December 2, 2006
Michigan Legislature: If You or Even Someone Else Got Her Pregnant, You Can't Move Out
This is, imho, nuts. The Michigan legislature is considering a bill which, among other things, makes it a crime for a man to move out, or even threaten to move out, if his girlfriend won't get an abortion. In fact, as I read the bill, if I know that a woman I am living with was impregnated by another man, I can't threaten to move out if she won't get an abortion! No, I'm not making this up.
Don't get me wrong, abortion should be a last option, but come on and think: is it going to really be a good idea to force a man to continue to live with a woman who is carrying the child of another man? My goodness me.
November 30, 2006
Oral Argument in Greenhouse Gas Case
Earlier I noted that one of the cases the Supreme Court would be addressing is a Chevron deference type of case, Mass. v. EPA. Oral argument in it was held yesterday. You can find the transcript here and articles about it here and here with NPR's coverage here and another take, even, here. (Seems there was some interest in this one!).
November 29, 2006
Parts of Antiterrorism Plans Rule Unconstitutional The Washington Post reports that a federal judge in Los Angeles has found an executive order, issued just after 9/11, unconstitutional.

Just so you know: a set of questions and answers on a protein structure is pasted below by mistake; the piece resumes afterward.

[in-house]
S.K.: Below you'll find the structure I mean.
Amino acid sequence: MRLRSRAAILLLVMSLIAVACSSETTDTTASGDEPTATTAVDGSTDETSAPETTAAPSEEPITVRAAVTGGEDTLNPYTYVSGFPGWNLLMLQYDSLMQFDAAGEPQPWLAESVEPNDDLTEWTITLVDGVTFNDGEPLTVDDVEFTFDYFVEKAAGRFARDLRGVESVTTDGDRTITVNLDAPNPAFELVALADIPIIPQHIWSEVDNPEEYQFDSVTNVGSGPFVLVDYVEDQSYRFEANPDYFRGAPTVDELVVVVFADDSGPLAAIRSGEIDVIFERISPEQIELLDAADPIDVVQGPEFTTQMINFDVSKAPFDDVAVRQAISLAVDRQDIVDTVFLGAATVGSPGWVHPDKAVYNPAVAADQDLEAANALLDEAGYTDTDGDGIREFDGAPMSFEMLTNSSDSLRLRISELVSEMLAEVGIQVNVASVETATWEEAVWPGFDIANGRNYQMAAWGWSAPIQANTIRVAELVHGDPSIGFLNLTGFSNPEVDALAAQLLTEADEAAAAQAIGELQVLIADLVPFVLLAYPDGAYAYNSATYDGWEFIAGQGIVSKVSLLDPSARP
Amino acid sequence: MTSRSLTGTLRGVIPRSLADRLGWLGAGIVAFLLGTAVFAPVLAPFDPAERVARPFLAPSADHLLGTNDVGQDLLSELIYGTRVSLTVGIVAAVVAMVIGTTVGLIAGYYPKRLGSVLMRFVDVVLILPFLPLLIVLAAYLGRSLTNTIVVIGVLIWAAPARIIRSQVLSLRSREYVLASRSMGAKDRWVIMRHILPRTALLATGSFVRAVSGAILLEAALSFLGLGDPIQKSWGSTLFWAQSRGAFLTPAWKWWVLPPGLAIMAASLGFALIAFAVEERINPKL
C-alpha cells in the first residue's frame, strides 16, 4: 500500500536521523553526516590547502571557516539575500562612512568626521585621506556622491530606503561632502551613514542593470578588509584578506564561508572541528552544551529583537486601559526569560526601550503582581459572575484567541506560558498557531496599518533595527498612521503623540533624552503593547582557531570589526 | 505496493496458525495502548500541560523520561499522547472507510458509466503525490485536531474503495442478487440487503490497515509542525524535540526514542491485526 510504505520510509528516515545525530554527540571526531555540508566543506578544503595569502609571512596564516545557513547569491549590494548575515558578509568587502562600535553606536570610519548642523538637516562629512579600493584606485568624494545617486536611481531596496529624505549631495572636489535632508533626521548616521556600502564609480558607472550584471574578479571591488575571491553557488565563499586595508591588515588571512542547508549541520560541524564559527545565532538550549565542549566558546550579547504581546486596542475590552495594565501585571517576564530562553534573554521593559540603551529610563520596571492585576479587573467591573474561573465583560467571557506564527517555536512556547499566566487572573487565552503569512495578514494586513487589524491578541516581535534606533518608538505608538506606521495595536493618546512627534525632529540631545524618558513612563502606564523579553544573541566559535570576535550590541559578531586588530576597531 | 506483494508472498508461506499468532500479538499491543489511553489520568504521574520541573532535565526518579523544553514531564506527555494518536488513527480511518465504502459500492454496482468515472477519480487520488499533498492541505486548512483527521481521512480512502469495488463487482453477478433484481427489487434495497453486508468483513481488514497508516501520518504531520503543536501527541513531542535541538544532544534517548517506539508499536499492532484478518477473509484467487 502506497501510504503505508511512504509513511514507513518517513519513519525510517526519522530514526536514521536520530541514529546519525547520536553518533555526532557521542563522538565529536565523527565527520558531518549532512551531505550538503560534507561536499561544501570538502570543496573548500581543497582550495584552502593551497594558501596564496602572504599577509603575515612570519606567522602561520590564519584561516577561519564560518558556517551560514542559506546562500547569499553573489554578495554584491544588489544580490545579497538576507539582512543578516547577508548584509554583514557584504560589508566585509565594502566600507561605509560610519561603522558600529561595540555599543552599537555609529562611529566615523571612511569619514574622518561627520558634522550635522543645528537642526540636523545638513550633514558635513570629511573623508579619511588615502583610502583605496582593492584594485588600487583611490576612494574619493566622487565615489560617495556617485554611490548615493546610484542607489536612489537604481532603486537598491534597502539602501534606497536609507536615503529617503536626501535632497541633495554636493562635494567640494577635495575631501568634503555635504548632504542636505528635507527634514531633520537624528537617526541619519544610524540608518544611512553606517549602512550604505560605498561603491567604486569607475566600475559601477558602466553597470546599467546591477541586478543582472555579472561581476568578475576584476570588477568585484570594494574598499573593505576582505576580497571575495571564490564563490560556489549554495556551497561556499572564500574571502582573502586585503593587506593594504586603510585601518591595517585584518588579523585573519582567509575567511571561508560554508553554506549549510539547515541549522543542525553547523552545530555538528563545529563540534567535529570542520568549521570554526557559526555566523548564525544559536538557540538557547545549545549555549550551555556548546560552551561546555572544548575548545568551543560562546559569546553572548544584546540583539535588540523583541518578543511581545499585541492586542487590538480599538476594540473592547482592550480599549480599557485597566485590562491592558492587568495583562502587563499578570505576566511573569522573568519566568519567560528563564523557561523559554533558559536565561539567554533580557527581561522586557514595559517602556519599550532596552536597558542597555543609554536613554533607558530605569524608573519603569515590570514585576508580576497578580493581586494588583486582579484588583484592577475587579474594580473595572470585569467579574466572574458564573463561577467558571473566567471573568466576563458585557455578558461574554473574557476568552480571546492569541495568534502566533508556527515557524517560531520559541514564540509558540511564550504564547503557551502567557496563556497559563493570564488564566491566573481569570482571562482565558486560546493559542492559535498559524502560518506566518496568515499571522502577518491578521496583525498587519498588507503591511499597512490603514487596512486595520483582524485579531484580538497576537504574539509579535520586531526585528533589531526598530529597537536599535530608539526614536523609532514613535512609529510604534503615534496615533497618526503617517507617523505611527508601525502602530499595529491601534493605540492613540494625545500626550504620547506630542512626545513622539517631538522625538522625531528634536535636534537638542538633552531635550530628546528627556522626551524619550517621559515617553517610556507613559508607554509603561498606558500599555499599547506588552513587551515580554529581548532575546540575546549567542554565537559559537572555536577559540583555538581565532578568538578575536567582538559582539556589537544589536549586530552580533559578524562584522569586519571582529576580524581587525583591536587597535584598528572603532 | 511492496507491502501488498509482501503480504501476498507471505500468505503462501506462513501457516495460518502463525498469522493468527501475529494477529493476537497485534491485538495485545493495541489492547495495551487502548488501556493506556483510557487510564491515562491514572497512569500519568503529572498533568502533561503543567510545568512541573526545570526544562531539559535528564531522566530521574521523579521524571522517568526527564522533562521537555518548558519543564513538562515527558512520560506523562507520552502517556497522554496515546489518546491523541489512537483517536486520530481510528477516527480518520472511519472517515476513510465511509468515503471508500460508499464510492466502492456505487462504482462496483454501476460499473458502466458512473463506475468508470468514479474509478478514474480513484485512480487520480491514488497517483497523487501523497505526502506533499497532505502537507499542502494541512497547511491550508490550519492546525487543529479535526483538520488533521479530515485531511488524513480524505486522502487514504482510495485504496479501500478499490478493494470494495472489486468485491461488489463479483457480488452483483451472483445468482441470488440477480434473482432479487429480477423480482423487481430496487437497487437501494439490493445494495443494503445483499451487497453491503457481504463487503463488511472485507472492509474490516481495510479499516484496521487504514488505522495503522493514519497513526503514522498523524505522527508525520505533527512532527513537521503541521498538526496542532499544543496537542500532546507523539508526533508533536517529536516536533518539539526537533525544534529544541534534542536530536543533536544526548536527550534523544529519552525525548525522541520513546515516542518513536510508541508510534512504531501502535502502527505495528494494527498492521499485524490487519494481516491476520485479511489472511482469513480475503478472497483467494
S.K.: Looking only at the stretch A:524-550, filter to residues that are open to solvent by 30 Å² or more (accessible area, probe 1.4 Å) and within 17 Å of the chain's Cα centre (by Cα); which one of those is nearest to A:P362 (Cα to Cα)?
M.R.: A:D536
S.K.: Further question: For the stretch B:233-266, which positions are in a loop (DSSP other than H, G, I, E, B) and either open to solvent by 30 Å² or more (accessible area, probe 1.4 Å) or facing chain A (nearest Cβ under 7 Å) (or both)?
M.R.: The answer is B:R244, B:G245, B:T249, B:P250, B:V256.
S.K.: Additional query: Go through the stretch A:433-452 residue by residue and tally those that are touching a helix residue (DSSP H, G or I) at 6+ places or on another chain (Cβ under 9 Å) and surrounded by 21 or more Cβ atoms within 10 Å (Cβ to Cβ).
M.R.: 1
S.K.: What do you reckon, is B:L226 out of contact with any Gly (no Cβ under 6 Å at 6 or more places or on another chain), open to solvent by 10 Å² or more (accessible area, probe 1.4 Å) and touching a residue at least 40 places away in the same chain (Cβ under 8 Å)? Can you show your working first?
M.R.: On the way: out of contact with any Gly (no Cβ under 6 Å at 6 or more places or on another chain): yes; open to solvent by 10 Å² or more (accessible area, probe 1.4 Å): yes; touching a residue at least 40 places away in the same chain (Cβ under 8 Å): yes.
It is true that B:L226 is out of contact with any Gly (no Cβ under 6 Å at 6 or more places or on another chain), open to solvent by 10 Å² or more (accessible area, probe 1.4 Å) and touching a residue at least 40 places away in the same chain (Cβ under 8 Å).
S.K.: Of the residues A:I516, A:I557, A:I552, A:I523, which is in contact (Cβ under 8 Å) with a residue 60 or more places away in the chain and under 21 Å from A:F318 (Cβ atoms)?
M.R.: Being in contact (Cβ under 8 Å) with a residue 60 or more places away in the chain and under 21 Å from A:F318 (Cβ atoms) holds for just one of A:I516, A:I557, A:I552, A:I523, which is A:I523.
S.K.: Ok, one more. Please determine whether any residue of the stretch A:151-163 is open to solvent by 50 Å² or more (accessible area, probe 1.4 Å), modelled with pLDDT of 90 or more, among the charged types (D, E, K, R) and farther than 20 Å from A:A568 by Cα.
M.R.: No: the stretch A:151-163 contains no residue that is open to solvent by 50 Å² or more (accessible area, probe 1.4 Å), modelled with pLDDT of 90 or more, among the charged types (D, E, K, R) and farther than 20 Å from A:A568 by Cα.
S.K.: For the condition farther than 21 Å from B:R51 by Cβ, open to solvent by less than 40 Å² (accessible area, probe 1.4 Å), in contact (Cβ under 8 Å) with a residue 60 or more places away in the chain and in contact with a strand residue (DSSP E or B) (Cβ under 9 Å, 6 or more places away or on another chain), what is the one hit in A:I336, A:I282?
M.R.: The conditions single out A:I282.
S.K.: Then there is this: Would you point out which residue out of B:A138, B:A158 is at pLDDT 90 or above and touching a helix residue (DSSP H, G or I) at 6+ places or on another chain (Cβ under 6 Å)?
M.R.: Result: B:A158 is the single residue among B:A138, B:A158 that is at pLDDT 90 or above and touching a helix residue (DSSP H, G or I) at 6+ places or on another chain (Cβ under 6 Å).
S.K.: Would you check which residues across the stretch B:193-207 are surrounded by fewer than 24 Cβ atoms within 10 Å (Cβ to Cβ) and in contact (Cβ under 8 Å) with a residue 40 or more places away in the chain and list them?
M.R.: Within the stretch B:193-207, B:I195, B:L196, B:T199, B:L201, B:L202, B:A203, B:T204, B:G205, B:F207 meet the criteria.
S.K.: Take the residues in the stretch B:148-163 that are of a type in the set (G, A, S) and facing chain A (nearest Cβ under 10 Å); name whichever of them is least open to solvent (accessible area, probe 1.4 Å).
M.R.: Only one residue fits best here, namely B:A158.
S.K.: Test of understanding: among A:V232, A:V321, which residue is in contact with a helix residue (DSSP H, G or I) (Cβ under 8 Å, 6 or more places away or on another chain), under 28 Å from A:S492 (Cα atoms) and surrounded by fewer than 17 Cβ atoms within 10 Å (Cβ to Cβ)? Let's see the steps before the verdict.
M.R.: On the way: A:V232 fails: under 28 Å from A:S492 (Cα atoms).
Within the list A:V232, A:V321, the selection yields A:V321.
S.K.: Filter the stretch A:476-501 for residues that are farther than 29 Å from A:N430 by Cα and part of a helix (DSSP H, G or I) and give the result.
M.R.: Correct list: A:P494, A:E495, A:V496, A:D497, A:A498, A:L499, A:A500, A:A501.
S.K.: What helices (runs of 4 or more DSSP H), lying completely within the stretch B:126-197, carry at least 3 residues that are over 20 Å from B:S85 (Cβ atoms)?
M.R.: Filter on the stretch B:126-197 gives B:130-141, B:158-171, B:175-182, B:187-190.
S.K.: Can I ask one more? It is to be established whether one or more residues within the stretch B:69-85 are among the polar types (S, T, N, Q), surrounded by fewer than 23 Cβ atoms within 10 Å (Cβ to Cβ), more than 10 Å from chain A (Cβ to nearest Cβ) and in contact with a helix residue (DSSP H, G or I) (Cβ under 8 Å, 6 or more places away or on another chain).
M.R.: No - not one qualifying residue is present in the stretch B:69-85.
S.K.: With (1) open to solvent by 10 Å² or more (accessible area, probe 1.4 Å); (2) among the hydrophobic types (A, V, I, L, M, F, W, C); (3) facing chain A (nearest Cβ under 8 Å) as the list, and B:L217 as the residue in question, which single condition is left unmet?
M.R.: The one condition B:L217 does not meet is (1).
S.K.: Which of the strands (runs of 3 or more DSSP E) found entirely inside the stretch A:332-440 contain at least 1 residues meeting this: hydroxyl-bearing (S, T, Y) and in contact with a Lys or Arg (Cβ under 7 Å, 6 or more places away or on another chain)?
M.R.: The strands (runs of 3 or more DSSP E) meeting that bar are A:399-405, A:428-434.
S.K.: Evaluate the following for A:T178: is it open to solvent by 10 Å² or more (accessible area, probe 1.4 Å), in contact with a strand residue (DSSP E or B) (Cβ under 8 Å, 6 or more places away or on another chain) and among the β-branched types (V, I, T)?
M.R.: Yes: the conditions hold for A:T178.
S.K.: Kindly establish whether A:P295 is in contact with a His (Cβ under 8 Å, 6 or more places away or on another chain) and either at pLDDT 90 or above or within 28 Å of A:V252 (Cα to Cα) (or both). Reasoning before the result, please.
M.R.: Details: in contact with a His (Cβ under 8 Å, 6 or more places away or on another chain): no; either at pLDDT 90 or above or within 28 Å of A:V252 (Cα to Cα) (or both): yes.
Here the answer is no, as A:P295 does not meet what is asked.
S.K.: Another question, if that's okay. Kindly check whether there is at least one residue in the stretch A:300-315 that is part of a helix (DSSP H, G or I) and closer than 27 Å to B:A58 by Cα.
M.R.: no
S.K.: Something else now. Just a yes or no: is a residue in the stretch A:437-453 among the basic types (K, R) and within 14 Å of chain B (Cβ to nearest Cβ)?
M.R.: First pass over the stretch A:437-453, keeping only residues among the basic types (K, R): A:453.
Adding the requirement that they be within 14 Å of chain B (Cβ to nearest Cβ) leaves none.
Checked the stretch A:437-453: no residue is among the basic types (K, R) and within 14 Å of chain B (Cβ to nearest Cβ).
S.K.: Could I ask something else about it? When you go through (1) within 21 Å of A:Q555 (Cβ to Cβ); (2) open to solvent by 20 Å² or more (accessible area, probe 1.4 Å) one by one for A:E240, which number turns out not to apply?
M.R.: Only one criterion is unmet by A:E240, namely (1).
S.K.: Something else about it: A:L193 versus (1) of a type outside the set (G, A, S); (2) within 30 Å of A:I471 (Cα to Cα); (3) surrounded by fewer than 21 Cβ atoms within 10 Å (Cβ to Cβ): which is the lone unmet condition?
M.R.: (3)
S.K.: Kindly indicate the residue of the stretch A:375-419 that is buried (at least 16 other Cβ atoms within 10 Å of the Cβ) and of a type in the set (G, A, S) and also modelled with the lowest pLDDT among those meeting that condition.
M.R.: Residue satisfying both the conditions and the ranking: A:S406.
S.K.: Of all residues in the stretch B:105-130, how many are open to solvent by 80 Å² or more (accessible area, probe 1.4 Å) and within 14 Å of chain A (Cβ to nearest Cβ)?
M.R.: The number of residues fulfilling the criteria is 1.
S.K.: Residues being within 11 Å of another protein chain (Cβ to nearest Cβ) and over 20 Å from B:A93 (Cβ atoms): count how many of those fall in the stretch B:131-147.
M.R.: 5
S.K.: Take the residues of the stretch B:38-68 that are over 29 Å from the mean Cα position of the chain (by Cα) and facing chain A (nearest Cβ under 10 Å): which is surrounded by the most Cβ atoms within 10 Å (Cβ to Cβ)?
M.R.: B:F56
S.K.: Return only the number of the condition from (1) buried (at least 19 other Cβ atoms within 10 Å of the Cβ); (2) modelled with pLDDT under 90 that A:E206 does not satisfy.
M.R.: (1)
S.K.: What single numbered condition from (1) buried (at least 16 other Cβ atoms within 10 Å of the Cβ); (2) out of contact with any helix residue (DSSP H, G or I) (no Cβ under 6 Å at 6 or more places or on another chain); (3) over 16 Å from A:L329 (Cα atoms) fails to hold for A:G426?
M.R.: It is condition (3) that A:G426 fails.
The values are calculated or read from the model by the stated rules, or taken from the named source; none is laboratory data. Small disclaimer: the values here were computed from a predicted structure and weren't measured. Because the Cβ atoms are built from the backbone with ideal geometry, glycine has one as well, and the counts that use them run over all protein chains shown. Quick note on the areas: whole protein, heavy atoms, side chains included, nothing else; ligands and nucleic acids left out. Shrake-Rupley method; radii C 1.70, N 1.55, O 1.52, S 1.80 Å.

Same Sex Marriage Reciprocity, or Not? Virginia court dodges the question of whether its laws recognize same-sex unions lawful in other states. There's an article here about this decision, where the court basically held that Vermont courts, not those of Virginia, should decide the dispute.
Abuse of ADA Statute? There's an interesting piece here about potential abuse by ADA plaintiffs, who file suit against businesses to get "access" they never want. Given that ADA plaintiffs don't get monetary damages in such cases, what's the incentive? Attorneys fees, and, allegedly, sharing of them with the nominal plaintiff. You can read about it here.
November 28, 2006
Interesting Case on Computers & "Possession" of files
The Ninth Circuit in this case had to determine whether a files that were located in "Active Temporary Internet Files" and the "Deleted Temporary Internet Files" areas of the hardrive of his computer were "possessed" for purposes of the PROTECT act. The court's reasoning is interesting:
According to the evidence before the district court, when a person accesses a web page, his web browser will automatically download that page into his Active Temporary Internet Files, so that when the site is revisited the information will come up much more quickly than it would have if it had not been stored on the computer’s own hard drive. When the Active Temporary Internet Files get too full, they spill excess saved information into the Deleted Temporary Internet Files. All of this goes on without any action (or even knowledge) of the computer user. A sophisticated user might know all of that, and might even access the files. But, “most sophisticated —or unsophisticated users don’t even know they’re on their computer.”
Much of the above also appears in our discussion of this area in Romm, 455 F.3d at 997-1001. There we also pointed out that “the cache is a ‘system-protected’ area, which the